So how exactly does Sendcash produce naira outputs from Bitcoin inputs?
Sendcash is the ticketing office while the BuyCoins crypto marketplace serves as the engine room.
When Jane wants to send money to Jamila, she goes to the Sendcash website, gets the Bitcoin equivalent of the naira amount she wants to send and copies a wallet address generated for Jamila’s Nigerian bank account.
Jane sends the Bitcoin to the wallet address using any crypto exchange of her choice, whether it’s CoinBase, Binance, Luno or any other. That Bitcoin arrives the BuyCoins store where it is immediately sold. The naira equivalent is transferred to Jamila’s bank account, through Paystack.
For all of Bitcoin’s eeriness, this is a surprisingly straightforward process.
On the website, the Bitcoin exchange rate to the dollar is set to refresh every minute. The wallet address for a given bank account is the same, so you don’t actually have to always visit Sendcash for new transfers to the same account. No signup is required.
Who cannot use Sendcash?
Sendcash allows Bitcoin-to-naira transfers to 38 financial institutions. This includes all the traditional banks – First, Zenith, UBA, etc – but also solely digital banks like Kuda, Alat and Carbon. Microfinance banks are also enlisted.
But a notable absence is Paga or other specialist mobile money platforms based on agent banking. This is perhaps where the weakness lies. Sendcash still requires the receiver to have a bank account, a facility that more than 60 million adult Nigerians do not have.
Sendcash is competing with more direct platforms like Sendwave, a mobile app that enables money transfers from a US bank account denominated in dollars to a naira bank account in Nigeria. There are no charges, and transfers can be to mobile money accounts.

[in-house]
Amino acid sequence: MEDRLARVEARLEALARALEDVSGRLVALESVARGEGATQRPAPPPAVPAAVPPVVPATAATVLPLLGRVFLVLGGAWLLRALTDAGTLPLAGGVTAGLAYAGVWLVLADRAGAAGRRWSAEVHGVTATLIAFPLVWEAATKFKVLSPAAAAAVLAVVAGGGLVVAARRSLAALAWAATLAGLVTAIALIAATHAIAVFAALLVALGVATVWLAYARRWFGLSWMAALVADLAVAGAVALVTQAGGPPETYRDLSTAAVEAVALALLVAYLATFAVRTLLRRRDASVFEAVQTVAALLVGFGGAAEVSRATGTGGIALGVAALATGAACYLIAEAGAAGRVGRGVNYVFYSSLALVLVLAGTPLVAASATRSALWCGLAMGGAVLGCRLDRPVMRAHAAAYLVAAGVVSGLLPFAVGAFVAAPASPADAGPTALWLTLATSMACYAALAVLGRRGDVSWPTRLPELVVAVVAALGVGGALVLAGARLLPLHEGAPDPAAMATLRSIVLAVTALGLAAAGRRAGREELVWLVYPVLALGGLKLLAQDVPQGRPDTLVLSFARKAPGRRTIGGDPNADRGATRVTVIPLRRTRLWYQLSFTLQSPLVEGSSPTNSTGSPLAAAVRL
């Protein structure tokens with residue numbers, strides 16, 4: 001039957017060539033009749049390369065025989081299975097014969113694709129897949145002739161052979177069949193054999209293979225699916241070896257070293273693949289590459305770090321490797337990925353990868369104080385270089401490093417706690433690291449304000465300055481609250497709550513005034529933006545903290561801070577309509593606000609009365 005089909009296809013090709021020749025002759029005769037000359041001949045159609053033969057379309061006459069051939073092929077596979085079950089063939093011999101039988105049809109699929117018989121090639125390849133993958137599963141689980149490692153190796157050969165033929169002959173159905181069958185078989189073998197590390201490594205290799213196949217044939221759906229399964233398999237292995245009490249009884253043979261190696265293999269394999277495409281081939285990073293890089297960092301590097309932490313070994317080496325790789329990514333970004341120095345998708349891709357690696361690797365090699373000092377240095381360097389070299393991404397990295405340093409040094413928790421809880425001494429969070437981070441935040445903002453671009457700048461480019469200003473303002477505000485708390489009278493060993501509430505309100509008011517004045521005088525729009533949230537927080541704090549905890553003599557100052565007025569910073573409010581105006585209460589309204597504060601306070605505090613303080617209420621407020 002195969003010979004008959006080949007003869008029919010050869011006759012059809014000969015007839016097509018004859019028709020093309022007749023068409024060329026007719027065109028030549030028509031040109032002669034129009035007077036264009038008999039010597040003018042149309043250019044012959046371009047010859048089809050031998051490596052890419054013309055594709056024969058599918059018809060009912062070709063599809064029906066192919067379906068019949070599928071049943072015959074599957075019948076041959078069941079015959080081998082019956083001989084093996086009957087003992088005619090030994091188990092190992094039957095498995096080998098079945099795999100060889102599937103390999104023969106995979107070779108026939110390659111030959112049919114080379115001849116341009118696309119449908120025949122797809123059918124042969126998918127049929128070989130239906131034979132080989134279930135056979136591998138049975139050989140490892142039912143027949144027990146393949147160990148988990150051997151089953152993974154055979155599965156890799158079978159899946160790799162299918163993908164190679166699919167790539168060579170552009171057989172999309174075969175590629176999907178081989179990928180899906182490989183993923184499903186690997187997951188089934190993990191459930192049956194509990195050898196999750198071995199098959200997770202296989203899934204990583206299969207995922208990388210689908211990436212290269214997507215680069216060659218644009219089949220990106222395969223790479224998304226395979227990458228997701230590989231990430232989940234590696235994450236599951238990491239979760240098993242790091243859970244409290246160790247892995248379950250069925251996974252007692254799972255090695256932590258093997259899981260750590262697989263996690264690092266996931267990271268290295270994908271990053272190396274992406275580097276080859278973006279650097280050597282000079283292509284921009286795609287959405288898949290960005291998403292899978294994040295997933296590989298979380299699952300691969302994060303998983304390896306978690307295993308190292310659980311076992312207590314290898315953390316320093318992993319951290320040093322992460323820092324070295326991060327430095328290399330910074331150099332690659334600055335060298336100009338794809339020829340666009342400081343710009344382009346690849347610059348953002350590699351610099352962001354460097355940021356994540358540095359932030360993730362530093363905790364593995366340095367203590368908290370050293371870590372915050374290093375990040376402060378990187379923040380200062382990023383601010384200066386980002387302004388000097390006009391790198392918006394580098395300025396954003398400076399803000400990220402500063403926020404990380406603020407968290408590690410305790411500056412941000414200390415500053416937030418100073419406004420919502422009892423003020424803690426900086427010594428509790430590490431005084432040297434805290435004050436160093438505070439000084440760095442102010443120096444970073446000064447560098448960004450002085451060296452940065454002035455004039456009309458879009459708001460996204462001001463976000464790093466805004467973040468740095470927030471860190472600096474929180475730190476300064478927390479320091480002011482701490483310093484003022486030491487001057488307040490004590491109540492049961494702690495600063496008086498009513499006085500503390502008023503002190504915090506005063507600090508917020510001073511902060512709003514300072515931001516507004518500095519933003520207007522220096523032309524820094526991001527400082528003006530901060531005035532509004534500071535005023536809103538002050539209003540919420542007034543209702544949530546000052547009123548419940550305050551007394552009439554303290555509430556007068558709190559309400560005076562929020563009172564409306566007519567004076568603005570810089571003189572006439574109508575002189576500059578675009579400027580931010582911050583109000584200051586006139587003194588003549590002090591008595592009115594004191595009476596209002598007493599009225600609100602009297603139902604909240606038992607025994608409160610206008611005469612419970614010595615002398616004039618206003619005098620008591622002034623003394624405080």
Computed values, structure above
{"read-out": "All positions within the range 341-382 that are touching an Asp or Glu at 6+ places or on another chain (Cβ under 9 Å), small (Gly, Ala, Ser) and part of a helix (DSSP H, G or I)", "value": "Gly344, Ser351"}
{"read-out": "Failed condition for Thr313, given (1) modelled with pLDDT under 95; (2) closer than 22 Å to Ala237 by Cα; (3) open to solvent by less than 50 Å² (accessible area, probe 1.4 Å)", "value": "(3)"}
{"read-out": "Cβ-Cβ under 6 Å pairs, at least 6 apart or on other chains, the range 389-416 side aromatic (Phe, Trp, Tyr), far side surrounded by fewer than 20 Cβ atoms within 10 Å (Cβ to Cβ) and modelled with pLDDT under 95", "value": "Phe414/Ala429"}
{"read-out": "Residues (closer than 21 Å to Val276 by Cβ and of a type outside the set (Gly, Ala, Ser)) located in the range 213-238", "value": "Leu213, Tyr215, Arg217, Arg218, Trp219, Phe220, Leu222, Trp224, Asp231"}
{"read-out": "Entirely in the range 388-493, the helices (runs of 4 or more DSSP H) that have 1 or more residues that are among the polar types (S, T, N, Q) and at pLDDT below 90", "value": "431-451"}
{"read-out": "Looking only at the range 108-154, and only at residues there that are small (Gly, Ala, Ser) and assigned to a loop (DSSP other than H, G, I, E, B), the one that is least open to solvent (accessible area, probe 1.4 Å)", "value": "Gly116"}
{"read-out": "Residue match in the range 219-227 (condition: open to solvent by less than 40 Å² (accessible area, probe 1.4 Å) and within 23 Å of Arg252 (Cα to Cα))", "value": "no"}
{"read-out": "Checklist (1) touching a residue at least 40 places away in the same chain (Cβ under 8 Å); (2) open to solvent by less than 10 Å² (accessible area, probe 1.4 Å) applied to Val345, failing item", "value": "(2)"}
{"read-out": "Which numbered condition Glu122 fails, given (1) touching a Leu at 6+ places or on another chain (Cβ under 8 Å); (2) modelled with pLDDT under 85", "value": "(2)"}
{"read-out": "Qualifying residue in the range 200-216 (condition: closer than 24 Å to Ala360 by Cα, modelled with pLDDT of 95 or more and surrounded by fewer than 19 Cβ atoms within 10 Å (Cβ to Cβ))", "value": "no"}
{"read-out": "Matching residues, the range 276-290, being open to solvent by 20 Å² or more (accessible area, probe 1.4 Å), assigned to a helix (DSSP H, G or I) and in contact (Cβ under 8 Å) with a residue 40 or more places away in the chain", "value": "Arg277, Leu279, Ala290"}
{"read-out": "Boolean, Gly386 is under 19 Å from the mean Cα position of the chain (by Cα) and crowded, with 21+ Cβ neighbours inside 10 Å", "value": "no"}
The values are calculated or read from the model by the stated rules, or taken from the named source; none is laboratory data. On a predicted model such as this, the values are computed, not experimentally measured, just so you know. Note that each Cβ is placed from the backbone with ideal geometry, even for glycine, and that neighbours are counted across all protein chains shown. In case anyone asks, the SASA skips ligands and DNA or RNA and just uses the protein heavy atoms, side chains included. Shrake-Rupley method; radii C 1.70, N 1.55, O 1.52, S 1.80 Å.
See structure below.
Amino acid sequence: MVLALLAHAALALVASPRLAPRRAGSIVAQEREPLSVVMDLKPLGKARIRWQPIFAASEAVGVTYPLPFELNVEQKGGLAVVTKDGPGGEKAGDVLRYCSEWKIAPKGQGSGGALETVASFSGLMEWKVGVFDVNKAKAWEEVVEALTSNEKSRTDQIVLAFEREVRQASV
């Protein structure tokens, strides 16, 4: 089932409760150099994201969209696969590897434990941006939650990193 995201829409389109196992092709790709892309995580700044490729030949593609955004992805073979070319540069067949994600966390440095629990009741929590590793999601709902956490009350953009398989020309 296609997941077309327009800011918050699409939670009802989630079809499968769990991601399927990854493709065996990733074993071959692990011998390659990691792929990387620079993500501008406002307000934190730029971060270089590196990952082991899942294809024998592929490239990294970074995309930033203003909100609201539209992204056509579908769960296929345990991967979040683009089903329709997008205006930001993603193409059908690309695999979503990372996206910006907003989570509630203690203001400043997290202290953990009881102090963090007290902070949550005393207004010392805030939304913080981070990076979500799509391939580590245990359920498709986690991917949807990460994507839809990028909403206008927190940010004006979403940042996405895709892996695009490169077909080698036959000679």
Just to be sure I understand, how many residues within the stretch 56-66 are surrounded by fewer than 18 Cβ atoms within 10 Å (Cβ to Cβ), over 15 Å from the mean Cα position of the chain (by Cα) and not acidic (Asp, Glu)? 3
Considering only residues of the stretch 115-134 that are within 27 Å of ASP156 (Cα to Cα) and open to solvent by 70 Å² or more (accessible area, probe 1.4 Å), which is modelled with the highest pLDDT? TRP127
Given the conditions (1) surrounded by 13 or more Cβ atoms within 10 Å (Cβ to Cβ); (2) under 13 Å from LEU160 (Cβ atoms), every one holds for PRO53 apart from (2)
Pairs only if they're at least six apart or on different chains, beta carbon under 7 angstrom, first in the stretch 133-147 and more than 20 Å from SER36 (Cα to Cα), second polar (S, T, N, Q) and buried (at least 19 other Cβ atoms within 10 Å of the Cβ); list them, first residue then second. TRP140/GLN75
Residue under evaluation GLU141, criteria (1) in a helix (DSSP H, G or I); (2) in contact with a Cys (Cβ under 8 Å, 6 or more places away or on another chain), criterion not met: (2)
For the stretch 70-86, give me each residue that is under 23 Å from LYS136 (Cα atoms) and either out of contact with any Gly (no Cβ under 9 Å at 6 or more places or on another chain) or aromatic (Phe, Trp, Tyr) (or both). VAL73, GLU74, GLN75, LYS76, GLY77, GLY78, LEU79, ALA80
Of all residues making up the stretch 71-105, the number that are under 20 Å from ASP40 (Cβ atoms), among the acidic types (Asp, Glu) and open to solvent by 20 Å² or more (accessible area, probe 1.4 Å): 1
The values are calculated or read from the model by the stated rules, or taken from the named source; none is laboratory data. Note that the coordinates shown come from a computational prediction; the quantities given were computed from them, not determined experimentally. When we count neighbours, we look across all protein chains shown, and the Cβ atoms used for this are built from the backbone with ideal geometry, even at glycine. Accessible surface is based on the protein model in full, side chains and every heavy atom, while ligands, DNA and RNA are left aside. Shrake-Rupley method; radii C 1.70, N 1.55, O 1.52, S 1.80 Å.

Obviously Sendcash’s particular target is regular crypto users but people in need of remittance services will gravitate towards easier solutions, with fewer steps.
Sendcash has a built-in restriction: the naira equivalent of $1,000 is the maximum amount that can be credited to a receiver’s account per day. A sender might be able to send more but only the naira equivalent of that upper limit will be made available to a user per day.
While it’s a constraint, a strict maximum is Sendcash’s anti-fraud mechanism that also prevents the platform from being a potential channel for dark money, the type that has associated cryptocurrency with black hat hackers, and on-demand hitmen.
A persuasive case for normalizing Bitcoin
“We are passionate about borderless transfer of value across Africa, and we know this is something Bitcoin can do,” Teju Adeyinka, product manager at BuyCoins, tells TechCabal.
She concedes that Sendcash has no licensing approval at the moment from financial regulators, but affirms that no laws are being flouted. The team is focused on making improvements and adding features based on new user requests.
With little commercial use but high value, Bitcoin tends to be more of an investment for many who own it. There’s a good reason to believe that people who hoard it for latter days of insane appreciation in value will be reluctant to use it for remittances.
But BuyCoins says they have facilitated more than $1.8 million in these Bitcoin-to-naira transfers. In the first four weeks of Sendcash’s existence, they say they processed about $260,000 for 351 users.
As long as there are Bitcoin users willing to use it and naira receivers who don’t care (or don’t even know) that Bitcoin is the source currency, Sendcash might be the most persuasive case yet for normalizing Bitcoin in Nigeria.